VIRGINIA: NBC’s Lars Gesing dispatch from Arlington, VA: In the crowded Democratic primary race in Virginia’s 8th Congressional District, all seven candidates met Friday in the final debate ahead of the statewide primary election June 10. And the front-runner for the Democratic nomination, former Lt. Gov. Don Beyer, drew fire from his competitors.
Mark Levine, a TV talk host and former legislative counsel to Rep. Barney Frank (D-Mass.), accused Beyer -- who served as chairman of the American International Automobile Dealers Association in 2006 -- of being a lobbyist. And state Del. Patrick Hope, a health-care attorney, attacked Beyer on his stark support of welfare reform in the 1990s.
Also participating in the debate: Alexandria Mayor Bill Euille; Derek Hyra, an associate professor of urban affairs and planning at Virginia Tech; state Sen. Adam Ebbin; and Lavern Chatman, the former head of the nonpartisan civil-rights organization Northern Virginia Urban League.
These seven Democrats are vying to succeed retiring Rep. Jim Moran (D-Va.), who will give up his seat this fall after more than two decades in Congress.
The winner of next week’s primary is likely to go on and win in November, as the district is considered safely Democratic. In 2012, President Obama carried 68 percent of the vote here. Republicans in April nominated former congressional aide Micah Edmond to attempt to take over the seat in November.
WASHINGTON: The Seattle PI: "In the Northwest, we dream big dreams. But rarely has any place in the region taken a step so bold as Monday’s Seattle City Council passage of a $15-an-hour minimum wage for employers large and small in the Emerald City. Phased in over three to seven years, Seattle will have the highest minimum wage in America."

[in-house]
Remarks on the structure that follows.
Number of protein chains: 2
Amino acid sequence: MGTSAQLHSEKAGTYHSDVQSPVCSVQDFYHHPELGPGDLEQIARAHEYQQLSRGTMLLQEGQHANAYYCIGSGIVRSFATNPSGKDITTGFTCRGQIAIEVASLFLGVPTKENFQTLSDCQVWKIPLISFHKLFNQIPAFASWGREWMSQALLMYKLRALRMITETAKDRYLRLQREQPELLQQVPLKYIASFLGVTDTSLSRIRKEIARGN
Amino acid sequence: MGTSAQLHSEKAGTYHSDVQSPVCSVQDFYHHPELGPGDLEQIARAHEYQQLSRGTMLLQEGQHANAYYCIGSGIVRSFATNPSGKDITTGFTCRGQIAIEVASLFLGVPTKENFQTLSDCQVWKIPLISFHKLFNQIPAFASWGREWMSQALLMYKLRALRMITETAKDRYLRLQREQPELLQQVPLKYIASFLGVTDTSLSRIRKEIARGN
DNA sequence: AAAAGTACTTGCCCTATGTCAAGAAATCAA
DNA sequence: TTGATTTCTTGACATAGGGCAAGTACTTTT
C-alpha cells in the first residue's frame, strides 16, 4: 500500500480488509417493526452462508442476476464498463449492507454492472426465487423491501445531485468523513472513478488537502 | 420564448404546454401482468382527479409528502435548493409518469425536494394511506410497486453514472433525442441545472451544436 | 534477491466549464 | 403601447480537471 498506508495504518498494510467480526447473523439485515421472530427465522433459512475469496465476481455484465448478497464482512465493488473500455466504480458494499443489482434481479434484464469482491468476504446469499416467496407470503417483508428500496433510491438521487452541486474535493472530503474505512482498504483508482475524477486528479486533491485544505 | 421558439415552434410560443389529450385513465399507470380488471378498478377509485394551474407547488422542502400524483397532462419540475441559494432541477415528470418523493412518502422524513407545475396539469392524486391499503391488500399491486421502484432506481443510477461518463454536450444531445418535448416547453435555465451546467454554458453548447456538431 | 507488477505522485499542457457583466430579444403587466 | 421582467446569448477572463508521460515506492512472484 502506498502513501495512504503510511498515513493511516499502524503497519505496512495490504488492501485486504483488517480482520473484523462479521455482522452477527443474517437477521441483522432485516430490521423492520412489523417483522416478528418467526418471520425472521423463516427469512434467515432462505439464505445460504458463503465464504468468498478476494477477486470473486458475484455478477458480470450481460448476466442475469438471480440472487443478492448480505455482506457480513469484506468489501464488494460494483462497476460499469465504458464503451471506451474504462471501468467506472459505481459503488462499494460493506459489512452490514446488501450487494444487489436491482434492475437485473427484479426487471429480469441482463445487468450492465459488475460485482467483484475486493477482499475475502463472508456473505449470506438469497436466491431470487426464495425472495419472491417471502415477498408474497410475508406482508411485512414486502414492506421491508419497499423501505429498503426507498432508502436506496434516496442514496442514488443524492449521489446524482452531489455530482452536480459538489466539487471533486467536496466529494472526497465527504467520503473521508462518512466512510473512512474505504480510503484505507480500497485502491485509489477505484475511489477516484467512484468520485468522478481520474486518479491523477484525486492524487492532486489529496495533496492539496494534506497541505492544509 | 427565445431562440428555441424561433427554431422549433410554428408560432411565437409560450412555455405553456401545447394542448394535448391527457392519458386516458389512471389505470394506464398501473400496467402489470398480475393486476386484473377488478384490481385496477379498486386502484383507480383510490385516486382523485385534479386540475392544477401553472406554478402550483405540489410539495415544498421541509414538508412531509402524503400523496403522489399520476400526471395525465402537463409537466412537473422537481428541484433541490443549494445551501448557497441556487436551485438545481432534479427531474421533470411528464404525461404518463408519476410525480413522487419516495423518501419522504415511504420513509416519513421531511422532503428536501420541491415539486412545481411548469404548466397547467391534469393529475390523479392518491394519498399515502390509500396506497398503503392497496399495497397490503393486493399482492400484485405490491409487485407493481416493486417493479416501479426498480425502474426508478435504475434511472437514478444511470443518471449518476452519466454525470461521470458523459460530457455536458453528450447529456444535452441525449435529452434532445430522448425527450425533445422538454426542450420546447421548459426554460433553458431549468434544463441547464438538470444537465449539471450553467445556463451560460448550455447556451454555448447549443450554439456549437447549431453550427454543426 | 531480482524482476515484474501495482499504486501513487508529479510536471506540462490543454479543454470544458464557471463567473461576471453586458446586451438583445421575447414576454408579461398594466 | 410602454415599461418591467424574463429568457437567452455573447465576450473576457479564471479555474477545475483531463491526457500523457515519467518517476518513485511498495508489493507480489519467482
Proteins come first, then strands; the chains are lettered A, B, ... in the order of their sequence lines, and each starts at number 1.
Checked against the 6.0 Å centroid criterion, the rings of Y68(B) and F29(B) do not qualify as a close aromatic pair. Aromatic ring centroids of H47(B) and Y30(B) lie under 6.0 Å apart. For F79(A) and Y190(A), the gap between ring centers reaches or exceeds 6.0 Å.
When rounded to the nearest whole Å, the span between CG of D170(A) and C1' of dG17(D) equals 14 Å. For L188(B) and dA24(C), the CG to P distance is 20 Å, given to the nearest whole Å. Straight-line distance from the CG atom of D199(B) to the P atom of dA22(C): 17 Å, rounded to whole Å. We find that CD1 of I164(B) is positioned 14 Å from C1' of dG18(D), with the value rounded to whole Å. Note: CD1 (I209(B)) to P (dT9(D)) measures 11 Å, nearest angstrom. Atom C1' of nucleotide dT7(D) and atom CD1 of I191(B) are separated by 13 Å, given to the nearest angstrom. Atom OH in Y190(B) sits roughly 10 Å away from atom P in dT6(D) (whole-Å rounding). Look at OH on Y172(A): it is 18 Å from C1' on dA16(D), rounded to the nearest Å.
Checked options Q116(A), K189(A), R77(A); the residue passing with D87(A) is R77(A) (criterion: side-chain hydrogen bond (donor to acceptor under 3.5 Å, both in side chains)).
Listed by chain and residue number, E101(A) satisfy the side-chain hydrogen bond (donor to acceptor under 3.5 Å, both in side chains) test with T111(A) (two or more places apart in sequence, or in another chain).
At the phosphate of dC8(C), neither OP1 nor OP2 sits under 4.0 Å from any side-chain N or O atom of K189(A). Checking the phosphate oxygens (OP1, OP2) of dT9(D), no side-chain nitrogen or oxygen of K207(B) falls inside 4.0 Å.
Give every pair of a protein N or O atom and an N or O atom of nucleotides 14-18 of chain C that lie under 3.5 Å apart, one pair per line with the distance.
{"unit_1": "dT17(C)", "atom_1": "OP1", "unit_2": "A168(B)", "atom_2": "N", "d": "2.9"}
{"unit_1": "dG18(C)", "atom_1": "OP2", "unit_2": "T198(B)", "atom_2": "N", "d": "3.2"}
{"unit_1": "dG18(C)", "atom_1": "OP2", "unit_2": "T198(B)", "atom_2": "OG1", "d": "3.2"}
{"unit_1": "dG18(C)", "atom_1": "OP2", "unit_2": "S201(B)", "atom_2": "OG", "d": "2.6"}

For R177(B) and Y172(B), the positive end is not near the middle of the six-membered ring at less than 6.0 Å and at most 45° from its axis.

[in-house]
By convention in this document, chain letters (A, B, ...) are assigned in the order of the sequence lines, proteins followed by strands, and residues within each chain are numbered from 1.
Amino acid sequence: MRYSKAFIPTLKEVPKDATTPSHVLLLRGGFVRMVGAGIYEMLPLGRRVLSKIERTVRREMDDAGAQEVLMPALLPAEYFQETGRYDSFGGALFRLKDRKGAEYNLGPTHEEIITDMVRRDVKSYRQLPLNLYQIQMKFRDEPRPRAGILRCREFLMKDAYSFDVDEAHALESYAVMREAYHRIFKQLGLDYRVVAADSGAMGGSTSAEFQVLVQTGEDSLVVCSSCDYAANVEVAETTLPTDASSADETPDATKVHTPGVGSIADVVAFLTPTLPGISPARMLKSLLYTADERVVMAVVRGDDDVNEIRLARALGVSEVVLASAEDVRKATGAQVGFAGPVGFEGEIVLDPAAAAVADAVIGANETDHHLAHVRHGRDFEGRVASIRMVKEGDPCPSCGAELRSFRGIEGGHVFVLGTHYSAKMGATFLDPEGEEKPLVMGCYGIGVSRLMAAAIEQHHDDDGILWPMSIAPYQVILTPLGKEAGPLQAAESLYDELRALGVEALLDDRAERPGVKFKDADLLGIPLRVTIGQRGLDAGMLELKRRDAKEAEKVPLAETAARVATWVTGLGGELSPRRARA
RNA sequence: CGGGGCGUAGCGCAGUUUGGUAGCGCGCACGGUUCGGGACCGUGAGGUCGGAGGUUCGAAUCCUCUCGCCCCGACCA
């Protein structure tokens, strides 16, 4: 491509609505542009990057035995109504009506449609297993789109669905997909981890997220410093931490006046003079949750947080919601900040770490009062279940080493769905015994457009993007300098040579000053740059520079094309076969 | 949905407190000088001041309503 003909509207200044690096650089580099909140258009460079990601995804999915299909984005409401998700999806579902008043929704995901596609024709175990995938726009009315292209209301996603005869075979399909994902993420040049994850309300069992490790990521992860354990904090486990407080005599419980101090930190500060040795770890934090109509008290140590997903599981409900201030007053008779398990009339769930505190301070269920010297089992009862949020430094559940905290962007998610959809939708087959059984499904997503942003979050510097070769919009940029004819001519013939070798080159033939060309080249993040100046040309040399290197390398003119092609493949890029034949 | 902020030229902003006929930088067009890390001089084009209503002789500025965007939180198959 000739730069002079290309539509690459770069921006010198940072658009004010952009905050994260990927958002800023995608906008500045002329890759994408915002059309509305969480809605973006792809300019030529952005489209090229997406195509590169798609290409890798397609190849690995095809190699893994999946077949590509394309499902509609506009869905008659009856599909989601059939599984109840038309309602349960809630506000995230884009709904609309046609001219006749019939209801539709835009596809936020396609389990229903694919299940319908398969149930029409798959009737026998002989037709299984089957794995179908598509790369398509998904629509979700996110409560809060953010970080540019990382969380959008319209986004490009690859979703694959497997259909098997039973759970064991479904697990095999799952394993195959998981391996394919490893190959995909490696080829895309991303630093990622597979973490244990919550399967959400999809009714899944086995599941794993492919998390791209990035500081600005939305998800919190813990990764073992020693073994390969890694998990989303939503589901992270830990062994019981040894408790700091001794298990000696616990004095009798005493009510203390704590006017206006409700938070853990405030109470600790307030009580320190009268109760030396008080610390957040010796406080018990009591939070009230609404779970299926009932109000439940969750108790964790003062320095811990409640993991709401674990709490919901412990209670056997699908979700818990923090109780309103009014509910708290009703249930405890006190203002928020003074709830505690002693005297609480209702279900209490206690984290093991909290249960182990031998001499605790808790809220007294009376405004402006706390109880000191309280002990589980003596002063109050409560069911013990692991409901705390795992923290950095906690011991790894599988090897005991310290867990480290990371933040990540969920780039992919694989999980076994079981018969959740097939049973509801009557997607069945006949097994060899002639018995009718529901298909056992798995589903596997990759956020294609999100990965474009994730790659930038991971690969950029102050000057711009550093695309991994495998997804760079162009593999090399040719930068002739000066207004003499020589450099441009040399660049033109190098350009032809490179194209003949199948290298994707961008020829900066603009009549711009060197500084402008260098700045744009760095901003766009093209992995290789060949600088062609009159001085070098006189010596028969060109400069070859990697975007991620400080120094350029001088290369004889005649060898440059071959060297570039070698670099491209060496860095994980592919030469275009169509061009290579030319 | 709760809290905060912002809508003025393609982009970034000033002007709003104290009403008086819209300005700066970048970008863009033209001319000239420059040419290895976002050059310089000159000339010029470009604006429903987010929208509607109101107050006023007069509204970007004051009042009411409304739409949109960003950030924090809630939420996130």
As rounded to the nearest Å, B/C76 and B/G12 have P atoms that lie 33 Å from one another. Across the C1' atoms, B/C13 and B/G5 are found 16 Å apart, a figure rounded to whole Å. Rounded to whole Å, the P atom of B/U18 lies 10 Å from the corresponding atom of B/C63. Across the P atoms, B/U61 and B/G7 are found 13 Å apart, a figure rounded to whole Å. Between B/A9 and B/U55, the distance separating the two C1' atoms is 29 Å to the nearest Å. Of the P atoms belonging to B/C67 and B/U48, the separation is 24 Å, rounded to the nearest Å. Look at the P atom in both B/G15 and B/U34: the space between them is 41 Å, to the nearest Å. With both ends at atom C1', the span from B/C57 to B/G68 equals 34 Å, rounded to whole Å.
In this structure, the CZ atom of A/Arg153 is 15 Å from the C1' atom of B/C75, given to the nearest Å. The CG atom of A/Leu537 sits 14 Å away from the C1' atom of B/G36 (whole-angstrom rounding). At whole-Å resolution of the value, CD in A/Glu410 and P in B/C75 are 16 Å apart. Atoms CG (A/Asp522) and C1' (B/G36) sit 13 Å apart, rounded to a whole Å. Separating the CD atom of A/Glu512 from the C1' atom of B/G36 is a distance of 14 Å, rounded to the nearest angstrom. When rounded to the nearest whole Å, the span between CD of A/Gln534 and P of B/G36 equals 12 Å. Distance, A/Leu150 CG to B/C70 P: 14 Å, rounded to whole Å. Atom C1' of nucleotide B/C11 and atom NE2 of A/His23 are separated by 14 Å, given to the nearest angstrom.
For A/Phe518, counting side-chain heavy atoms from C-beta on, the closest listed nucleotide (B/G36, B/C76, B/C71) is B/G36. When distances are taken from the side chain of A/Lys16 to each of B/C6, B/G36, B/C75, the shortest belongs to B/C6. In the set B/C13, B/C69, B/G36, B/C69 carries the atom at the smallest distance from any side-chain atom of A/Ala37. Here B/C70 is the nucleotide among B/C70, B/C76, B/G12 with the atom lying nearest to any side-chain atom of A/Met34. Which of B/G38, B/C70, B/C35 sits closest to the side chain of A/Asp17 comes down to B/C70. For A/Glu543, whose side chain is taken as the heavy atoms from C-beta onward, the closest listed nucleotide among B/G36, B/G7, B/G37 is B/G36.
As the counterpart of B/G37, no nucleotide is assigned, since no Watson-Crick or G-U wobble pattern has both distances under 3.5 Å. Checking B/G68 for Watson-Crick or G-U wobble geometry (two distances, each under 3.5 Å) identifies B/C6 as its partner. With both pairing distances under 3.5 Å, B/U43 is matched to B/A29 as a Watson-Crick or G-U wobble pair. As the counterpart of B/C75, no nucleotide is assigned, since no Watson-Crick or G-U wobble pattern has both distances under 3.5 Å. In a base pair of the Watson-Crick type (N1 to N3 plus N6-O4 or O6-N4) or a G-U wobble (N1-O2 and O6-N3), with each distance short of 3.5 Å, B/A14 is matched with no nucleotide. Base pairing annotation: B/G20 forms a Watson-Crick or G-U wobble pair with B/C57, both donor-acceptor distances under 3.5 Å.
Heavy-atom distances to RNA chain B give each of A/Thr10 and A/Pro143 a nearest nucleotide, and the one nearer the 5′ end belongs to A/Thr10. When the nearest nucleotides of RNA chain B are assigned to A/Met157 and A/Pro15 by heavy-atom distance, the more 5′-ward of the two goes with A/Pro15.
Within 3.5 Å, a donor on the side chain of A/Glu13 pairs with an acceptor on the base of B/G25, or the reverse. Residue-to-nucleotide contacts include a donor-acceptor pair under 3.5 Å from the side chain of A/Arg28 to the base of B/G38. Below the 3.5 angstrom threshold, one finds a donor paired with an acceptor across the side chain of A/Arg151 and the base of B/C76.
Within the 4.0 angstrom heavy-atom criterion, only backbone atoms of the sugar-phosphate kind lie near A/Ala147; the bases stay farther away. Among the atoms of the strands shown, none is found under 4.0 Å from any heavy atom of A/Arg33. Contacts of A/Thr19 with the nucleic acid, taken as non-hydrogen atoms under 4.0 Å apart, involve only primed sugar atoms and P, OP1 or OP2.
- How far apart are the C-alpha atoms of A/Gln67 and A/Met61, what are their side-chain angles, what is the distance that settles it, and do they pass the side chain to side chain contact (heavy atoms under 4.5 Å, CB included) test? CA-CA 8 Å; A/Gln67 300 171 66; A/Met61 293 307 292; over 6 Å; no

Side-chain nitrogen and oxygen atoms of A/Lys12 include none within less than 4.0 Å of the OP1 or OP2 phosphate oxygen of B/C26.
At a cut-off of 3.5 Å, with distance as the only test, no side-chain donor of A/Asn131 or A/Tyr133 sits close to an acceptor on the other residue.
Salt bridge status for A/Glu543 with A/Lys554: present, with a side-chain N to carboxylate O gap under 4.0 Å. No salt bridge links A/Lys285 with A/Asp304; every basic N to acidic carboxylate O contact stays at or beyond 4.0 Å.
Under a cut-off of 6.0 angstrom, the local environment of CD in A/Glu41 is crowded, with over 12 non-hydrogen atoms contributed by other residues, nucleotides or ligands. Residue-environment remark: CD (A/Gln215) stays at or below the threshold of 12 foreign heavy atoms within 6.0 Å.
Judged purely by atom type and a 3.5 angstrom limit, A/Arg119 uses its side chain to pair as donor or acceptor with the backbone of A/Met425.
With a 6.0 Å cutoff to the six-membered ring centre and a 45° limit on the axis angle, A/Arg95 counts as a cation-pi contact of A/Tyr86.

*** Tuesday’s “The Daily Rundown” line-up: The Washington Post's Chris Cillizza interviews NBC's Perry Bacon Jr., Janet Shamlian, Radio Iowa's O. Kay Henderson, The Los Angeles Times' Seema Mehta, The Washington Post's Dan Balz, NBC's Chuck Todd, Time Magazine's Bobby Ghosh, Iowa Senate Republican candidate Sam Clovis and California State Assemblyman Tim Donnelly.
*** Tuesday’s “Jansing & Co.” line-up: Chris Jansing interviews Retired PFC. Jose Baggett, Reuter’s Investigative Reporter David Rohde, The Atlantic’s Steve Clemons, Chicago Sun-Times Washington Bureau Chief Lynn Sweet, NBC’s Kasie Hunt, U.S. News & World Report Senior Politics Writer David Catanese, The Des Moines Register’s Chief Political Writer Jennifer Jacobs, MSNBC Contributor & Columnist at theGrio.com Goldie Taylor, GOP Strategist Steve Deace, and Stella & Dot CEO & Founder Jessica Herrin.
*** Tuesday’s “News Nation with Tamron Hall” line-up: Tamron Hall interviews Rep. Lois Frankel, Politico’s Roger Simon & General Barry McCaffrey with the latest on Bowe Bergdahl’s release ; Seattle based CEO of MomsRising.org Kristin Rowe-Finkbeiner on the Seattle minimum wage; Steve Olenick on the NFL concussion lawsuit; and Giancarlo Esposito from “Breaking Bad.”
*** Tuesday’s “Andrea Mitchell Reports” line-up: NBC’s Andrea Mitchell interviews former Army Sergeant Josh Korder, who served with Bowe Bergdahl, Seattle Mayor Ed Murray, Israel’s Ambassador to the U.S. Ron Dermer, IAVA’s Aaron Mankin, the New York Times’ Elisabeth Bumiller, the Washington Post’s Chris Cillizza and NBC’s Kasie Hunt and Ayman Mohyeldin.
*** Tuesday’s “The Reid Report” line-up: MSNBC’s Joy Reid interviews The Miami Herald’s Carol Rosenberg, MSNBC Contributor & journalist Rula Jebreal, and NBC News Senior Political Reporter Perry Bacon.
*** Tuesday’s “Ronan Farrow Daily” line-up: General Barry McCaffrey and the Washington Post’s Rajiv Chandrasekaran on the backlash against the rescue of Sgt. Bowe Bergdahl. NBC’s Kasie Hunt and Des Moines Register’s Kathy Obradovich on the Mississippi and Iowa primaries. Shannon Watts on the role of women in the gun debate. And Re/Code Co-Executive Editor Kara Swisher and cultural historian Siva Vaidhyanathan on whether Apple has lost it’s mojo.